Global aluminum demand rose by 6% to 64.2 million tons in 2017, Russian aluminum giant Rusal has announced. In the world excluding China, demand grew by 3.7% to 29.2 million tons, while Chinese demand increased by 7.8% to 34.9 million tons, the company said.
“Despite high aluminum prices there is a slow process of restarting capacity capability outside of China due to lack of competitive power tariff and high restarting costs,” it was noted in a Rusal report.
China continued to lead global growth in 2017, with its economy confounding expectations of a slowdown. Full year GDP increased by 6.9%, an upturn from the 6.7% pace of 2016 and well above the official target of 6.5%.
“The key driver of aluminum demand, industrial production, mirrored the improvement in the broader economy, accelerating to 6.6% growth in 2017, from 6% the prior year. There was broad-based strength across the major aluminum consuming industrial sectors, with construction, manufacturing, and transportation all remaining robust. Strong investment in the power sector, especially in green energy, also provided further impetus to Chinese aluminum demand,” said the report.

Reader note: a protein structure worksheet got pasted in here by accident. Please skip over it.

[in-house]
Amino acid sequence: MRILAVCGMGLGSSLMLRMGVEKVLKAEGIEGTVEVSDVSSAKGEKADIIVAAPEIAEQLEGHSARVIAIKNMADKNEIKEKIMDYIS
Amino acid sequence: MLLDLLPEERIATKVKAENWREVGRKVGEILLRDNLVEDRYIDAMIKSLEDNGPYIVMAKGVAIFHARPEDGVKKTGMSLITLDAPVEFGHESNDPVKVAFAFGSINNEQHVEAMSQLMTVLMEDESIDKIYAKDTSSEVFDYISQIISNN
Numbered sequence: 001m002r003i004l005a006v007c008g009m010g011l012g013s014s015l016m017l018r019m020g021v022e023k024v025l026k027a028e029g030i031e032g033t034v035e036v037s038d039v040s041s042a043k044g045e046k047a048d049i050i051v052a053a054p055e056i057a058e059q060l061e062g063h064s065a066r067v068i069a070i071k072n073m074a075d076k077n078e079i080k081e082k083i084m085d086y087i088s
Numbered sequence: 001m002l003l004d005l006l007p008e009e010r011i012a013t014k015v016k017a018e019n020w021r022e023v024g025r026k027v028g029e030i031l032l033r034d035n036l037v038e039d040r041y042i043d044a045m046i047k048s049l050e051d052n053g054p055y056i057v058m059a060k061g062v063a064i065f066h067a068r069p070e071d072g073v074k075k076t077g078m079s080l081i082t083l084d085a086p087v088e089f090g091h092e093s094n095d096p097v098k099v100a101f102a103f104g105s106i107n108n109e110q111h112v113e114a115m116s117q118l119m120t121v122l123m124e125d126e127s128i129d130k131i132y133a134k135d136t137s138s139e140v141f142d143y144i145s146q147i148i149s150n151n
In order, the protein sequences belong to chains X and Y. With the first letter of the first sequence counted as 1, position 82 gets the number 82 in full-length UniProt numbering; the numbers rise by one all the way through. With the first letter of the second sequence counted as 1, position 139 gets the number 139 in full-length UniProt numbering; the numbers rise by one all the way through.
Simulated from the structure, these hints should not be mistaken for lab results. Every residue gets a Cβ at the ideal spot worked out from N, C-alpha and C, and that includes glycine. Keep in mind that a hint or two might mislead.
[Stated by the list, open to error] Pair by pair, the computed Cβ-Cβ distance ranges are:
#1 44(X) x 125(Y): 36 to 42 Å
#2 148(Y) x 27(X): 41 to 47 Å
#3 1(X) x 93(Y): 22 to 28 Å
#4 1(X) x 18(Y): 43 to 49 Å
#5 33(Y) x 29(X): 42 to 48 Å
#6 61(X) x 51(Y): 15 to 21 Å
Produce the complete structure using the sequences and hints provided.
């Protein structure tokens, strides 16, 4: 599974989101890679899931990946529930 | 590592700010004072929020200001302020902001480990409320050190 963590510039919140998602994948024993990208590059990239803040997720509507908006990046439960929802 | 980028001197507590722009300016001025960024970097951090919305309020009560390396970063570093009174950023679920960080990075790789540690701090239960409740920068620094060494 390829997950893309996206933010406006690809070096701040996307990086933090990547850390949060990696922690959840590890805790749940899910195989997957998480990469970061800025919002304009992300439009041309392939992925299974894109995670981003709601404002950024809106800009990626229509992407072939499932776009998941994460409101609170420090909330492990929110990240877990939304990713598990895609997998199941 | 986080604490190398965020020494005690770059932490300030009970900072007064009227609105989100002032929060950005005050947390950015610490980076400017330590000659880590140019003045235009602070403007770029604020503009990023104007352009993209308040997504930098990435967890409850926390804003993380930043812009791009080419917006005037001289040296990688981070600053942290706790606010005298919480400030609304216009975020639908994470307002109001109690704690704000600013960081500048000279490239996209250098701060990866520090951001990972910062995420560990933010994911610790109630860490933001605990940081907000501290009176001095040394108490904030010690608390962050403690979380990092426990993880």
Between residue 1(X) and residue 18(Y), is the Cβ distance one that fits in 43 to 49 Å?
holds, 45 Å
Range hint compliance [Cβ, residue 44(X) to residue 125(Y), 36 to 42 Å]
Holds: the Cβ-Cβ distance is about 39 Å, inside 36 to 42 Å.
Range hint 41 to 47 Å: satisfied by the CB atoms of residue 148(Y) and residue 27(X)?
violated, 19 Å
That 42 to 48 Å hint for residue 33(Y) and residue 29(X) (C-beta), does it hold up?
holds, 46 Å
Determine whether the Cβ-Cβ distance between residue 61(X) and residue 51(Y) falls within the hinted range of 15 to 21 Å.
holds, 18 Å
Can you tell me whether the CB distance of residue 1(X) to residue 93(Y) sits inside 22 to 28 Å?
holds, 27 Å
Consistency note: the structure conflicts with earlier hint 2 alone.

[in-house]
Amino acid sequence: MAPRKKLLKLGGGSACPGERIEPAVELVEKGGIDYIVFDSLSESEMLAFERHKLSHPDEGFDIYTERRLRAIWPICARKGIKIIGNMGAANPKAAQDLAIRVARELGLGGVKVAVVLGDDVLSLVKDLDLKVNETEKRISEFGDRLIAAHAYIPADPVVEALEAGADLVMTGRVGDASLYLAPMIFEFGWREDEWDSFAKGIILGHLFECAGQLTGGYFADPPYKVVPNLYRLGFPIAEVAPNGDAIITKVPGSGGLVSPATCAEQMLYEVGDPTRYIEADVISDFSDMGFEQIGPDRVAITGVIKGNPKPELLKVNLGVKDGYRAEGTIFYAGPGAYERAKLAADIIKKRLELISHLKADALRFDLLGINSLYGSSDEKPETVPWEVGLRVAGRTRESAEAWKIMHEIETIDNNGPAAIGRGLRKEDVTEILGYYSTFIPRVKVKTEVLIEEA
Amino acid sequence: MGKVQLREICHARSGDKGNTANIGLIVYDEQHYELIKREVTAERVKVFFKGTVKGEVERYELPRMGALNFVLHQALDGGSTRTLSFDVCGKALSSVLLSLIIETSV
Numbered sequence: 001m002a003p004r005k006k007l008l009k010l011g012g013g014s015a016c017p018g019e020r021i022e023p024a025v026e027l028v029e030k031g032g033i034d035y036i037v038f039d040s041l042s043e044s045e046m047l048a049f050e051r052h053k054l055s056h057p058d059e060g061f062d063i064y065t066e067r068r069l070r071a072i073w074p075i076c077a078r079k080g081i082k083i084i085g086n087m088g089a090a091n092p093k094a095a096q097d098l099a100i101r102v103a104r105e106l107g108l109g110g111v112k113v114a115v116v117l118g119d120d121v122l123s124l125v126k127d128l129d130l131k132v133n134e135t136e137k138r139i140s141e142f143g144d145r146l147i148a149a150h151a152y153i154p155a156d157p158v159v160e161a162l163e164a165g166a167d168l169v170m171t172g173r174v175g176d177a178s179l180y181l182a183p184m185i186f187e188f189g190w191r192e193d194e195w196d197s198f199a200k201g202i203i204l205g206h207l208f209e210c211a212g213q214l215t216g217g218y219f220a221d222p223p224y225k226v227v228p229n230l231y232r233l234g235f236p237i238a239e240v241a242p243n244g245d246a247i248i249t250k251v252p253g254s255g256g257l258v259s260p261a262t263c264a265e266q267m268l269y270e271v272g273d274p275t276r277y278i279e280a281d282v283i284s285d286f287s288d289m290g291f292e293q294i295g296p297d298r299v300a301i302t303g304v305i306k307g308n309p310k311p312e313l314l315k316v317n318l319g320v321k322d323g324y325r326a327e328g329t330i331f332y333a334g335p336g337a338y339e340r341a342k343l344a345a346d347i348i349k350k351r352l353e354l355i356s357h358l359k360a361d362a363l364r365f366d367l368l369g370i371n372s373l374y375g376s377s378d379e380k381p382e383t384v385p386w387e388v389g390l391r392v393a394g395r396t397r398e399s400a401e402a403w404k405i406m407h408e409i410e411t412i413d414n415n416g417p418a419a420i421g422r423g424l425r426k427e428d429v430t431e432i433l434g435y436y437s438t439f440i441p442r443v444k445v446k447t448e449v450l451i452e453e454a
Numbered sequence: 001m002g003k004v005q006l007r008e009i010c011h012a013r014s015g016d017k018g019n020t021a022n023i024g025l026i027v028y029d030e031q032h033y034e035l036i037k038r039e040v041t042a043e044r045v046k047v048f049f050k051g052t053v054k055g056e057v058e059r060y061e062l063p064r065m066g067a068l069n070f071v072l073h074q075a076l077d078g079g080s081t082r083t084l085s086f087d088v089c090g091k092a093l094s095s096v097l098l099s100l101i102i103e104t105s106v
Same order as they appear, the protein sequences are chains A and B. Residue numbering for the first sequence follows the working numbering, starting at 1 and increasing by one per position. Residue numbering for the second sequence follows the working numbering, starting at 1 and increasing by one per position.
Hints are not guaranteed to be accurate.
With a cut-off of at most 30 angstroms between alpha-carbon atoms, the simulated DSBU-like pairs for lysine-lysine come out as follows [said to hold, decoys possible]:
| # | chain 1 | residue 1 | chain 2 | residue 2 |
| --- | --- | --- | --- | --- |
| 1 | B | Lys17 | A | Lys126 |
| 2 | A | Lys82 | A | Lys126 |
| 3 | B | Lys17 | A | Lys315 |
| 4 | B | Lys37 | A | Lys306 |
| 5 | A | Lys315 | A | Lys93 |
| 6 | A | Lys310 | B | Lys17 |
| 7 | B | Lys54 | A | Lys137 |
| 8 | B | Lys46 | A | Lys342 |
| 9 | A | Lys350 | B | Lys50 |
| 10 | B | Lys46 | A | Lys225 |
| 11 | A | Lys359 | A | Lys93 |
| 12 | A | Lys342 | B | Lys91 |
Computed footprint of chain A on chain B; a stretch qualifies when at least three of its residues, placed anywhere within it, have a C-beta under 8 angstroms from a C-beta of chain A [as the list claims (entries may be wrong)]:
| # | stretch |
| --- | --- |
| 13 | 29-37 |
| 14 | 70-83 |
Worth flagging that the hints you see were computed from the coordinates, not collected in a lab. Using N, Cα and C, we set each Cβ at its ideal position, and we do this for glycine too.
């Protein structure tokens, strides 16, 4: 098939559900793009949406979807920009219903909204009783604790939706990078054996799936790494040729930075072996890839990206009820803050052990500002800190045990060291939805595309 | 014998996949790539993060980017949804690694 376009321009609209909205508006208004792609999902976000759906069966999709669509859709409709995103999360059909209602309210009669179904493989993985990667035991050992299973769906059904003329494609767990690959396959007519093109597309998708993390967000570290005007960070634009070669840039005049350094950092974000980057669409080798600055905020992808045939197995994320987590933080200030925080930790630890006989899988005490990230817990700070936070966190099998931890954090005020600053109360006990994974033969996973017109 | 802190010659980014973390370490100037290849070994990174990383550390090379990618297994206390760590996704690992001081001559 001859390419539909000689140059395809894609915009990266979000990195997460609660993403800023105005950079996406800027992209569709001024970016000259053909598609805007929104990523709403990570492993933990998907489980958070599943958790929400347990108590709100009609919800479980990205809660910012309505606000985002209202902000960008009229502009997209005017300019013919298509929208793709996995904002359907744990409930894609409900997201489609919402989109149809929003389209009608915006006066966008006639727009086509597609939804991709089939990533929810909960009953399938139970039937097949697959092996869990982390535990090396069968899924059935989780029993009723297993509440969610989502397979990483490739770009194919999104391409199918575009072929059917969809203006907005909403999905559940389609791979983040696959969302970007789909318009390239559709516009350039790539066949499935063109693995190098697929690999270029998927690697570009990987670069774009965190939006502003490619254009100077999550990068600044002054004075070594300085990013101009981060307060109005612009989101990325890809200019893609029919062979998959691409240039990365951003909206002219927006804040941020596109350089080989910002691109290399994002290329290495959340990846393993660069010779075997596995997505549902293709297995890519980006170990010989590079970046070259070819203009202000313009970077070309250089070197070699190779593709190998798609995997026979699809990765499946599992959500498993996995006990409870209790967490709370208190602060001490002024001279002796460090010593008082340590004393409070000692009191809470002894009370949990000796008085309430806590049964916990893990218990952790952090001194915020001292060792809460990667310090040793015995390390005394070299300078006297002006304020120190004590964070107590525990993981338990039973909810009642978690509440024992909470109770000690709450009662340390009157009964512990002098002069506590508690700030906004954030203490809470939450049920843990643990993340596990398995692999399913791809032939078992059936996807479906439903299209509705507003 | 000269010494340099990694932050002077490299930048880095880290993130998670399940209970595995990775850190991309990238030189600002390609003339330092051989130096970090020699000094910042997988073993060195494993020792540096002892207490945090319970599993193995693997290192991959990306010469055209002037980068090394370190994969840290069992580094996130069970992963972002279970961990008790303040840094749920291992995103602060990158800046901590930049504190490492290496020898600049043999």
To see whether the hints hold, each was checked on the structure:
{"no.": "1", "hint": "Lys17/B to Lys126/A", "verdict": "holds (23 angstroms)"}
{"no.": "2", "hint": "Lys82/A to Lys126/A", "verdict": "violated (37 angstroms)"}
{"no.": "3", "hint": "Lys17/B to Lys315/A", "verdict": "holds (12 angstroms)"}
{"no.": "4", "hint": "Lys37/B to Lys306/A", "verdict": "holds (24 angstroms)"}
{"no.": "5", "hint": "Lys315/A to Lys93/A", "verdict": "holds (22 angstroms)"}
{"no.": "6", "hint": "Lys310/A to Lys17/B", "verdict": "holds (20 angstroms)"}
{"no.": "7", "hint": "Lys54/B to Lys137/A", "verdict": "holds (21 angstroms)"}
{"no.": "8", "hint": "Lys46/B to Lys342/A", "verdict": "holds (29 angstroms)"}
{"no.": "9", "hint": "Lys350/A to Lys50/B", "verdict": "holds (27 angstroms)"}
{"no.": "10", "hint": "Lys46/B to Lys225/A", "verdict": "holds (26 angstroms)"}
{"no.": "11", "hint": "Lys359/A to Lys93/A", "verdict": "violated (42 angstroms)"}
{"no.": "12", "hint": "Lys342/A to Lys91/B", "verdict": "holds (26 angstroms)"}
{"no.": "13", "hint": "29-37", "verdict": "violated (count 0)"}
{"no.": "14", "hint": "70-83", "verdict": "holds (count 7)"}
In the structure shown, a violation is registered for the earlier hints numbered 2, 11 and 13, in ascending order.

According to Rusal, in North America, underlying demand began the year cautiously before strengthening through the year.
“There was a welcome return to positive growth in industrial production in 2017, rising by 1.8% in the United States, following a contraction in the prior year. Despite a 3.9% decline in North American motor vehicle production, aluminum demand from the sector grew strongly, amid rising intensity of use, especially in the rolled products sector. Construction activity remained solid, with housing starts rising by 2.4% to 1.1 million units, and pointing to a robust outlook for extrusions demand given the lag between starts and aluminum consumption in the build.”